It would also have a document explaining (in plain language) what global institutions the laptop has been preset to blindly trust. In other words, which certificate authorities are trusted. That document would also explain how to disable certain institutions, in general or on a prompted basis.

The perfect phone:

  • is 100% FOSS, right down to the hardware and firmware level for every bit of it. (This doesn't exist.)
  • can be easily rooted, and its bootloader easily unlocked and re-locked, and a warranty that can withstand that. (The OnePlus One purportedly does this.)
  • ships with its full disk already encrypted, with a password you reset on first boot. The disk password should be totally separate from the screen unlock password.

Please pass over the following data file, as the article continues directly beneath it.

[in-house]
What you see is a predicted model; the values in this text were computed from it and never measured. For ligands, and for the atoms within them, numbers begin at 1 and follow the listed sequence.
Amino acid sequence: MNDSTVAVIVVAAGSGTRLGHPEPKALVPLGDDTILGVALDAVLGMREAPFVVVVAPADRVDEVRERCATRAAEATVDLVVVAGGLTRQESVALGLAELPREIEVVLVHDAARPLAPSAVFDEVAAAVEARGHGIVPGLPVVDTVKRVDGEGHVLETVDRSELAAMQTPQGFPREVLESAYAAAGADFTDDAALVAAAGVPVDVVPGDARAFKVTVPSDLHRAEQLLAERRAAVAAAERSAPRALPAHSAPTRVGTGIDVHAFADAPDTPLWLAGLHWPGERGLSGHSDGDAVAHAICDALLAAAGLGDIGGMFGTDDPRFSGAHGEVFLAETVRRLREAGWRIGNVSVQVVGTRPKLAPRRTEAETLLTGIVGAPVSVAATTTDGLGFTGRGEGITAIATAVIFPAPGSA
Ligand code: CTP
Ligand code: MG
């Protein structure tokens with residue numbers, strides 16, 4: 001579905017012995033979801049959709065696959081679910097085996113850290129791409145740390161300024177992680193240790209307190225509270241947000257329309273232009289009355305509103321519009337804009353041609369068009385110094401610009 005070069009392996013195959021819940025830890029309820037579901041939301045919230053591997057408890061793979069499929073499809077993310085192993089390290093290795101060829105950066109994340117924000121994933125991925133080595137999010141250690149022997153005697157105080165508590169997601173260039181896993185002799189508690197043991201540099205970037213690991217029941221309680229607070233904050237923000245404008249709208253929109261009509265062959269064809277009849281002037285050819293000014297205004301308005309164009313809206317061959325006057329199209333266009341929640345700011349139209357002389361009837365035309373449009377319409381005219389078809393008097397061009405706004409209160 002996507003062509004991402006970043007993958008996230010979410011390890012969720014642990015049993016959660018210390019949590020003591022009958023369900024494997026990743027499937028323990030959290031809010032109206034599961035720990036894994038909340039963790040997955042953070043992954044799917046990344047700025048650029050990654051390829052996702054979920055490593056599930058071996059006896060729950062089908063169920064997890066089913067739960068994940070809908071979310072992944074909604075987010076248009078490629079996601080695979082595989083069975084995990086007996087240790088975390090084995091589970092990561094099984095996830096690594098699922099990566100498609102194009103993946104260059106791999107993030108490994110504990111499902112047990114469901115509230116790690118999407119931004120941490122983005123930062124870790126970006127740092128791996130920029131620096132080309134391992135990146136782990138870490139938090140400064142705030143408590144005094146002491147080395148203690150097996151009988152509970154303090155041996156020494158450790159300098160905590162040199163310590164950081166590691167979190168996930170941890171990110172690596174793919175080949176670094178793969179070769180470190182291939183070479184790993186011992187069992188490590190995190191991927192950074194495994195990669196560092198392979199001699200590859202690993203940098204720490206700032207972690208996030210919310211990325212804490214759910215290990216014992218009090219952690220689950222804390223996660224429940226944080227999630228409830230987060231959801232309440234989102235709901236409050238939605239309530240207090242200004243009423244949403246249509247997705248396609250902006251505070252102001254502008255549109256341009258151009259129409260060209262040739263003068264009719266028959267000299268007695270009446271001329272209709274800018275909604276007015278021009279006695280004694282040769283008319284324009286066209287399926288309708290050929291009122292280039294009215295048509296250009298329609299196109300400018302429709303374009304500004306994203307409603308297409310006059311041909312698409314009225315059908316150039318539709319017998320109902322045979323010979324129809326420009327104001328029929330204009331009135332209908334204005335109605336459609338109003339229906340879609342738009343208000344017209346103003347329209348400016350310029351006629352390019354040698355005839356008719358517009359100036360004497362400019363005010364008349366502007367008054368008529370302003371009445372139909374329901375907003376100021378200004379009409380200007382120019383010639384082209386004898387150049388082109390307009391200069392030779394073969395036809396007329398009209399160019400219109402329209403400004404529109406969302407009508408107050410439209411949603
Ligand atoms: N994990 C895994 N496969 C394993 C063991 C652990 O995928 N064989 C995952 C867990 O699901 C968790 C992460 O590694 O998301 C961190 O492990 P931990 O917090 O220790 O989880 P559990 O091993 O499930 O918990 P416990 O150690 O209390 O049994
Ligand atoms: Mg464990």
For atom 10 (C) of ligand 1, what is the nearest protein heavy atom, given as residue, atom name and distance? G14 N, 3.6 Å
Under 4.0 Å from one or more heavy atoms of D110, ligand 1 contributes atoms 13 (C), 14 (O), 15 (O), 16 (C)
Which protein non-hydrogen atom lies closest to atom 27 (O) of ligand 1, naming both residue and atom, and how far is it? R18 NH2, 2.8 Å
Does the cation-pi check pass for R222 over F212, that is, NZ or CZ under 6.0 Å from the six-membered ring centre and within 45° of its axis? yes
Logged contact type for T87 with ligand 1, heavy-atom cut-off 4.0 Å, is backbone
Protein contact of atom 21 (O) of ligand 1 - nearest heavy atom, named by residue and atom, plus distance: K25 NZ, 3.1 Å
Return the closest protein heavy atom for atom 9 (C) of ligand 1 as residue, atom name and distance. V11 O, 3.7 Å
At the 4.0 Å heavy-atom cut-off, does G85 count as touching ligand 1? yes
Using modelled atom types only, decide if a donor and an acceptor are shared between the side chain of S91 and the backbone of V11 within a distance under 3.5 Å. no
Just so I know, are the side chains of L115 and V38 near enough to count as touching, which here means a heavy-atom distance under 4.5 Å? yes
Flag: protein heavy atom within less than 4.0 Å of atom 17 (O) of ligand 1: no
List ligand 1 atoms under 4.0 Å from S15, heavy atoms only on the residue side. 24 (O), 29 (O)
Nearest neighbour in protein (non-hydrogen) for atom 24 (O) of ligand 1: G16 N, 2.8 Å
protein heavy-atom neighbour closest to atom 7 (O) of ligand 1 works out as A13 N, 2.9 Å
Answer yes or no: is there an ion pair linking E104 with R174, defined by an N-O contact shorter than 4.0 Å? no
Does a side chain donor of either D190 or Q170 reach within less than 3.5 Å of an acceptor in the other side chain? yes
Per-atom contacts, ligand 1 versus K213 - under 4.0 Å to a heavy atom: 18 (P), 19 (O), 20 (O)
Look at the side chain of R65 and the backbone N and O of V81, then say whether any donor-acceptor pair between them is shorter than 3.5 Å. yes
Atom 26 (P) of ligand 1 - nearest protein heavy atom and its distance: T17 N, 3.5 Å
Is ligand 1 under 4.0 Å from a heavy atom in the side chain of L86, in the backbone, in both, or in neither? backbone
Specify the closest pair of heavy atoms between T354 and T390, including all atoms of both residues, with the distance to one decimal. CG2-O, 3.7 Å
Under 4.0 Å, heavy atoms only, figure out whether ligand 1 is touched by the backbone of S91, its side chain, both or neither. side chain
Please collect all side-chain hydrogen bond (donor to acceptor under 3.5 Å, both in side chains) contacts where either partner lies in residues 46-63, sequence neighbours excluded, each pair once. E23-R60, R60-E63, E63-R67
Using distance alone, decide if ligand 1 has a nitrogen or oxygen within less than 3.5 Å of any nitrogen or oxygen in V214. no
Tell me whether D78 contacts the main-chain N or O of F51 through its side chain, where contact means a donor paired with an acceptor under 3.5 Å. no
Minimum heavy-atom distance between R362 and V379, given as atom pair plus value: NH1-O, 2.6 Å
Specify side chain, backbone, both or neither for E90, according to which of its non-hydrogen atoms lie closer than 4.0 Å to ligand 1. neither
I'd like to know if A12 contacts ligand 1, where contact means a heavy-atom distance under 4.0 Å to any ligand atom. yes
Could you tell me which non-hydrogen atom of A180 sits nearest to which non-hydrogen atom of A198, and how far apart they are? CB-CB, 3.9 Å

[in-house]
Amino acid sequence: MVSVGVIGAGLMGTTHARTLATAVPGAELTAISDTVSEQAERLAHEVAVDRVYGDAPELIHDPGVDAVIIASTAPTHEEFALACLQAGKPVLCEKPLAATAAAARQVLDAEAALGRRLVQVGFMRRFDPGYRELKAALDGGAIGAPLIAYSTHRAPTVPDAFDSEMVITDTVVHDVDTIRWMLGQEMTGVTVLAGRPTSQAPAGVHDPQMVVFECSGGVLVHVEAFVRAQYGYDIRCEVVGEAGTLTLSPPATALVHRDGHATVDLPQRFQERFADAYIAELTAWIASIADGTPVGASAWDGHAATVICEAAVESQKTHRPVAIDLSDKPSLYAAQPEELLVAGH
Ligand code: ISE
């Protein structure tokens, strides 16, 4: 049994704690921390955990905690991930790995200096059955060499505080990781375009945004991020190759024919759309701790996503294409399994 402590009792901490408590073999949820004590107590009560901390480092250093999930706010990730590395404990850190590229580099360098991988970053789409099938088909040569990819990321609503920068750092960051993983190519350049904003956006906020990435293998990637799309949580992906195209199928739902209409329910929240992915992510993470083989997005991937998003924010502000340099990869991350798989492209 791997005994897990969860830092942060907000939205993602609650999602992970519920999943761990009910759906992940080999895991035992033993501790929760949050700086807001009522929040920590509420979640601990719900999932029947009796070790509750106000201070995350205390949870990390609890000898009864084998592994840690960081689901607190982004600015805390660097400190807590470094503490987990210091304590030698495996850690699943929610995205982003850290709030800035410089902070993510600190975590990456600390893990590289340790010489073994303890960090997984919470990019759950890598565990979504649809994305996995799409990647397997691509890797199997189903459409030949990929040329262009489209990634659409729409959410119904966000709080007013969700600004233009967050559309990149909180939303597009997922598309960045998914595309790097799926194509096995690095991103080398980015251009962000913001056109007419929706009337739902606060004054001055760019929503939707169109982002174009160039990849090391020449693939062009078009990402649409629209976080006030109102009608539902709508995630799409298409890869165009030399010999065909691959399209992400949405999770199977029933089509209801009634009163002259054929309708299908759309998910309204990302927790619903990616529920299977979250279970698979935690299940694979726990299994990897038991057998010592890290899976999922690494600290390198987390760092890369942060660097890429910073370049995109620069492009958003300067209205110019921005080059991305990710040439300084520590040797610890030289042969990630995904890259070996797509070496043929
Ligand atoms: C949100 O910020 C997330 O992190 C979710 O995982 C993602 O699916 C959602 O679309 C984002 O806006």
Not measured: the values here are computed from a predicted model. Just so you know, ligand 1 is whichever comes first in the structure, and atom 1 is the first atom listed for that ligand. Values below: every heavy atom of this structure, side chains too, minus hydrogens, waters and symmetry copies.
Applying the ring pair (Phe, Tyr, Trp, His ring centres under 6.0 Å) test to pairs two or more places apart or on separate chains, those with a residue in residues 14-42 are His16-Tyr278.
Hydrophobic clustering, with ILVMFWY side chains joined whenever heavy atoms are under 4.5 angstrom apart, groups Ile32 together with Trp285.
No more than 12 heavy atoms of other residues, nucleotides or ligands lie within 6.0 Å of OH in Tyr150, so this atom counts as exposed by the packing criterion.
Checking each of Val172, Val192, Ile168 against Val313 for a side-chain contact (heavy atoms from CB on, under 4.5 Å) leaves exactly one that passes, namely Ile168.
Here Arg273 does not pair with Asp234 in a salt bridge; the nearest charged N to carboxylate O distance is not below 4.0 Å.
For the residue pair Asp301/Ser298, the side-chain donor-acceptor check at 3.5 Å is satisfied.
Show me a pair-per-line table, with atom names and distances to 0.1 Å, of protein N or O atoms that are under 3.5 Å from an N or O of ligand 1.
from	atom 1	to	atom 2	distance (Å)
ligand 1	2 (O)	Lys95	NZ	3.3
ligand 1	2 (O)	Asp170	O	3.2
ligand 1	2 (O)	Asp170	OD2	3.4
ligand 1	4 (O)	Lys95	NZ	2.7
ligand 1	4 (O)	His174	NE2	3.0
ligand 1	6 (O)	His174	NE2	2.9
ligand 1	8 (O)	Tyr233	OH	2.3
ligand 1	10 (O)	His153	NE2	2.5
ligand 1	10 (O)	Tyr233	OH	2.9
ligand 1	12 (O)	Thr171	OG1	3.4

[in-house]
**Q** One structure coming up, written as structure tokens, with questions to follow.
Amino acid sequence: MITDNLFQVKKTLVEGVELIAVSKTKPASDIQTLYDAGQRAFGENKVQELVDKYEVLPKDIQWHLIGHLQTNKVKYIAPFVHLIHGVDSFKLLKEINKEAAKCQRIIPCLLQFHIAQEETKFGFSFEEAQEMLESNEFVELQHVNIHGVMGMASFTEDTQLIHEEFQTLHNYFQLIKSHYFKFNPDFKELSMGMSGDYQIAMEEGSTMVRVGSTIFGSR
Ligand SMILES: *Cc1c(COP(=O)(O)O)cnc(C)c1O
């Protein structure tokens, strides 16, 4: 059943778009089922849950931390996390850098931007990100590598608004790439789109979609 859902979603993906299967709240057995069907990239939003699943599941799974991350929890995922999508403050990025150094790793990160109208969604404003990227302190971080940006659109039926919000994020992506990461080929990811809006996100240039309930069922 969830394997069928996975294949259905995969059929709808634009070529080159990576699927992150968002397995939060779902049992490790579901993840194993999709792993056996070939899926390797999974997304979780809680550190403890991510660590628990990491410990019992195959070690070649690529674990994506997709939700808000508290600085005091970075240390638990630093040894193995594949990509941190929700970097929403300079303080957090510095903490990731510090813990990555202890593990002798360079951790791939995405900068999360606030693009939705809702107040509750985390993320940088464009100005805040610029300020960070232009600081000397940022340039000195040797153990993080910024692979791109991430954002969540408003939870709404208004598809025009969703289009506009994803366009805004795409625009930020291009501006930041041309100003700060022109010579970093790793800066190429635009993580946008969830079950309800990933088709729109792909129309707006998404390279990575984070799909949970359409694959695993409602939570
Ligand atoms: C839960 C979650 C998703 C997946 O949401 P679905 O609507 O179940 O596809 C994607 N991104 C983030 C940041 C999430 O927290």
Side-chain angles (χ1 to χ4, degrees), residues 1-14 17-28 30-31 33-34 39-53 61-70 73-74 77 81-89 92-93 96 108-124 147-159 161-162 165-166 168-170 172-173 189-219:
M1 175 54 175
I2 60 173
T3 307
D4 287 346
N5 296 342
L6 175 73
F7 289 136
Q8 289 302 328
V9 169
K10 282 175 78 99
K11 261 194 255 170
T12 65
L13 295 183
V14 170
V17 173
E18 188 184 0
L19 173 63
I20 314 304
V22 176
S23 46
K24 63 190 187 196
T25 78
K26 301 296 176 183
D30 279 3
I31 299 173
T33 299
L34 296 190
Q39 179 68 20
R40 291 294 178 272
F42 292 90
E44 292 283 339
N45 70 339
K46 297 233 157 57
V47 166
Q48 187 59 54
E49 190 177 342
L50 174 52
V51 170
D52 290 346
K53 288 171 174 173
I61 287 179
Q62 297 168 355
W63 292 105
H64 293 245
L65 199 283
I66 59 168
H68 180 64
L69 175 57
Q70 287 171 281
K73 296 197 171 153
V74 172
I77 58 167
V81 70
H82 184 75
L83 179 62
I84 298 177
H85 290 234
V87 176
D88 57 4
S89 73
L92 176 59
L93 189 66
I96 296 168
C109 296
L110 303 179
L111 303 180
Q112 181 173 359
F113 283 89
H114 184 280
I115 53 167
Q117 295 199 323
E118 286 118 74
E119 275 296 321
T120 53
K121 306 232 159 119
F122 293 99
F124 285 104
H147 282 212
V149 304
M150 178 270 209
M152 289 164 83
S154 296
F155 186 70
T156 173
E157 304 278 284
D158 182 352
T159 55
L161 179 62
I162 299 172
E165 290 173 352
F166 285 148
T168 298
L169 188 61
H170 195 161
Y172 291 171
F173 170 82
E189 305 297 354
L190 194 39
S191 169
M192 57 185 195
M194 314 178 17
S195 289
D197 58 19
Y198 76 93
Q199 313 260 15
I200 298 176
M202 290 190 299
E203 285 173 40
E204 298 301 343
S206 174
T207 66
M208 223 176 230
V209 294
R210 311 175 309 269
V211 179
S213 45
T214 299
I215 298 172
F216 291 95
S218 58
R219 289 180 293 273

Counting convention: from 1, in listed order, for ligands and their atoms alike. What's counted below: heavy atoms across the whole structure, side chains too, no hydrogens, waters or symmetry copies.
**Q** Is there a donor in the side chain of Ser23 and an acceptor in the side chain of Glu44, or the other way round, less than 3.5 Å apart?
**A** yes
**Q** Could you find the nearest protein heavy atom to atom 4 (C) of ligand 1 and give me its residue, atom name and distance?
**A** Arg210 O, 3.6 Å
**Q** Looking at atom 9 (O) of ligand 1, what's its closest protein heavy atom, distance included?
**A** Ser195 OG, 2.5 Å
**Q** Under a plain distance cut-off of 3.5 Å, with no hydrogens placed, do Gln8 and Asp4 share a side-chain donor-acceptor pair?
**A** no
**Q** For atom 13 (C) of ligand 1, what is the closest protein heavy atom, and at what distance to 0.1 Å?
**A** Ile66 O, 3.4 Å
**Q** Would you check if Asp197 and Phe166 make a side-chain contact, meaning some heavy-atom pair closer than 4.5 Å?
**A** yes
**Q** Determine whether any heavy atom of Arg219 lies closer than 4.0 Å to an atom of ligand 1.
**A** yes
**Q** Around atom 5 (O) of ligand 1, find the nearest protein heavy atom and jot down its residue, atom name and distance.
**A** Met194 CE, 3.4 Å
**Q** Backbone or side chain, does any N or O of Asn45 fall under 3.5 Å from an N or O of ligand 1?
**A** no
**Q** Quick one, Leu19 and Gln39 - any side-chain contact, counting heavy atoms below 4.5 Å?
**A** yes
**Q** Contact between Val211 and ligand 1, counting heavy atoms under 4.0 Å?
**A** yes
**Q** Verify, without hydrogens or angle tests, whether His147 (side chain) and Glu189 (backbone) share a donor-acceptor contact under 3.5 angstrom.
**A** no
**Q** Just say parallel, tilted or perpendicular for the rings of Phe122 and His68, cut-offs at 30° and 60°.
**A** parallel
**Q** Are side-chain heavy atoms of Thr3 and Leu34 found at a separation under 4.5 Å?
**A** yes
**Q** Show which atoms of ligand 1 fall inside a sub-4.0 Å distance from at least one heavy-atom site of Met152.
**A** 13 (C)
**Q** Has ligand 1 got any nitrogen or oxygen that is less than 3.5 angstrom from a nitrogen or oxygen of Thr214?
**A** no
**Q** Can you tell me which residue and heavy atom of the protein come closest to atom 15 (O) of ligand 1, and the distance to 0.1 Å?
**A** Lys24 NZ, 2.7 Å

• uses Android's permission structure, but allows users to rescind any individual permission they wish.

It would also use a standard find-my-phone/kill-switch spec, that you can authorize (or revoke) the provider of your choice to control on your behalf. That's a useful feature that shouldn't require an irrevocable tether to a major point of failure or compromise like Google or Apple.

The perfect host:

  • focuses on the latest Ubuntu server LTS.
  • has special support for managing one's own website, or email server.
  • is so standards- and container-oriented that anything you create could easily be snapshotted, downloaded, and migrated seamlessly onto a Raspberry Pi.

It would also have documentation and an interface optimized for non-experts and single-use tasks. For example, a graphical UX to manage "the box's" crontab, and ways to point the box at, say, a Dockerfile hosted on GitHub and have it just go from there.